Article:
I survived. I took up martial arts, I went to the doctor or the ER every time he hurt me to document the extent of my injuries and create a paper trail (I still have the folder, and it’s about 1.5 inches thick). I learned who my friends really were when I called for help, usually to be escorted to the hospital in the middle of the night. I had strong female friends and a few male friends become what I used to call “my bodyguards”. I confided in a couple who lived in the same building as my husband and I, and they gave me a key to their apartment so that I could go hide somewhere in case of an emergency. I also learned that the police doesn’t really like to respond to 911 calls about domestic disturbances because, among other reasons, the abused partner tends to act very hostile toward law enforcement once they show up, and those calls are the ones after which most officers get injured or killed. At one point I filed for a restraining order against my husband and I was granted a temporary one that stated that he’d have to be evicted from the apartment we shared, among other clauses. I feared for my life, I’d told the judge, who didn’t hesitate to sign the piece of paper that was supposed to be my way out to safety. Except a restraining order has to be served, and my spouse was nowhere to be found at that particular time, and by the same order, I couldn’t contact him in any way. This resulted in me having to be forced out of my house, with my cat and a small suitcase, and seek emergency shelter. Until the order was served, I couldn’t leave my “safe location”, unless escorted by police officers. That looks very good when you’re a week away from starting a teaching job and you envision going to class in the back of a police car. In the end, unable to serve the restraining order to my ex, I had to go back home or risk losing my home, my job, and yes, my temporary green card, too.

My ex was finally arrested when he showed up at my office -I had just started a new job, funnily enough, in law enforcement- and made death threats to me and to my colleagues. The trial lasted 2 very long years, and I wasn’t allowed to file for divorce until it was over. By then, though, I had taken my oath and was an American citizen. Boy, was it good to finally be able to call the police if my ex tried to intimidate me (eventually he was remanded). I had rights. I could travel. I could go home to my parents and not worried about being sent back because a TSA agent felt like it.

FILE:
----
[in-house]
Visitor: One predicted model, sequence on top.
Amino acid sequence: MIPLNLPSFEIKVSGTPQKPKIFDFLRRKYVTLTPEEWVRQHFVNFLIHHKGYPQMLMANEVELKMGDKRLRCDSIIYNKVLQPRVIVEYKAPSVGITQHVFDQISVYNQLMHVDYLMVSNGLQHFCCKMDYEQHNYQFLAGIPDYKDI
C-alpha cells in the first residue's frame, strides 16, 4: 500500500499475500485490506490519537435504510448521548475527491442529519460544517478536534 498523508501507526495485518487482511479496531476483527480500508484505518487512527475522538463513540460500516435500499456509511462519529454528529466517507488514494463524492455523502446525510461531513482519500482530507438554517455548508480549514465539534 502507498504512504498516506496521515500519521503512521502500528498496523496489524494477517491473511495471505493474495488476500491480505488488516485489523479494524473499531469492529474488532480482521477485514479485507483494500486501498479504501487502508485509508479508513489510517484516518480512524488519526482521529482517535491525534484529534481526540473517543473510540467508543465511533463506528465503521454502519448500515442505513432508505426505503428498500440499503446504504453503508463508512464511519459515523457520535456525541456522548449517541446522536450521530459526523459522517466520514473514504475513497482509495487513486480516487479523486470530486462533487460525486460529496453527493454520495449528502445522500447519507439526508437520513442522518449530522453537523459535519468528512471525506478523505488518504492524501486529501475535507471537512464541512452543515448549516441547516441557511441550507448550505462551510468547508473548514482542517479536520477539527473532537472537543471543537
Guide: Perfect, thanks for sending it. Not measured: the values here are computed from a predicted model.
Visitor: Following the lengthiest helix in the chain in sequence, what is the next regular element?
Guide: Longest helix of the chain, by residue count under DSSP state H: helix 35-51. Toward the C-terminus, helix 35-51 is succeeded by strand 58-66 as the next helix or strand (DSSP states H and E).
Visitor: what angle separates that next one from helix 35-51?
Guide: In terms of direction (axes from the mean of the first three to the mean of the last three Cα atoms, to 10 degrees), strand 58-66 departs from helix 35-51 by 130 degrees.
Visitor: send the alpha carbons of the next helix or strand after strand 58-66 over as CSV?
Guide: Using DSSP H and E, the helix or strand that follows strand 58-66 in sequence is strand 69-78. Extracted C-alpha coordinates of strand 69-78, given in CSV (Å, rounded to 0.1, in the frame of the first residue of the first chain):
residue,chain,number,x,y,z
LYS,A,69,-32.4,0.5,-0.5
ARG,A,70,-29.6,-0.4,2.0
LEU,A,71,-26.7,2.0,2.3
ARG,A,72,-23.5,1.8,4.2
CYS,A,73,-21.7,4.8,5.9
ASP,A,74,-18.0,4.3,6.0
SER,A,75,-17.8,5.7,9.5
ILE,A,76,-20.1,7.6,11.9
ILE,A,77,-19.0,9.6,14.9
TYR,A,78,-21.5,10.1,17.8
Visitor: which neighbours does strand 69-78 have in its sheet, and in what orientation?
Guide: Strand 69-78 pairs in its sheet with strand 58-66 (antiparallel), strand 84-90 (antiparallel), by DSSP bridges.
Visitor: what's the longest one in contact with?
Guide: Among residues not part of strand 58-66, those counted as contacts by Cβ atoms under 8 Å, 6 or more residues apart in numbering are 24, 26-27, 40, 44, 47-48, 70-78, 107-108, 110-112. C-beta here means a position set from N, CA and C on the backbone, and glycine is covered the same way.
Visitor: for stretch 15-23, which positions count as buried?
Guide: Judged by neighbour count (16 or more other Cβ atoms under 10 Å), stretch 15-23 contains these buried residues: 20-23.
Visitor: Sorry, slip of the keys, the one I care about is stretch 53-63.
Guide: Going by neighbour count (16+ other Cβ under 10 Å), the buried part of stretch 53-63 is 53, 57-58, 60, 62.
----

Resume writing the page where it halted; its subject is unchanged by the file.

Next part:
“If I cannot be a good example, I’ll be horrible warning”: I read this quote somewhere and always thought it was very appropriate to describe my order (it’s been attributed to too many authors for me to give you an exact citation). So be it. My ex is in prison and not getting out anytime soon. This is good news, in a way, but he’s doing time for the incident during which he threatened my colleagues and I, not for any of the instances of abuse, rape, and violence he perpetrated during our 5-year marriage. I’ll take it. It’s not right, but it’s ok, at least he’s behind bars and won’t be able to hurt anyone else.

I wish I had a good pun, or a grandiose happy ending to my story, but I don’t. The only thing I can say is that, if you are in a situation like I was, you’re not alone. Please be safe. Please think twice before risking your life. I’m warning you now, but one day I hope I won’t have to. In an election year where civil rights are very much the topic of the day, please remember of those people whose rights don’t exist, by law, because they happen to be born somewhere else. Immigrants are the invisible slaves and it happens every day.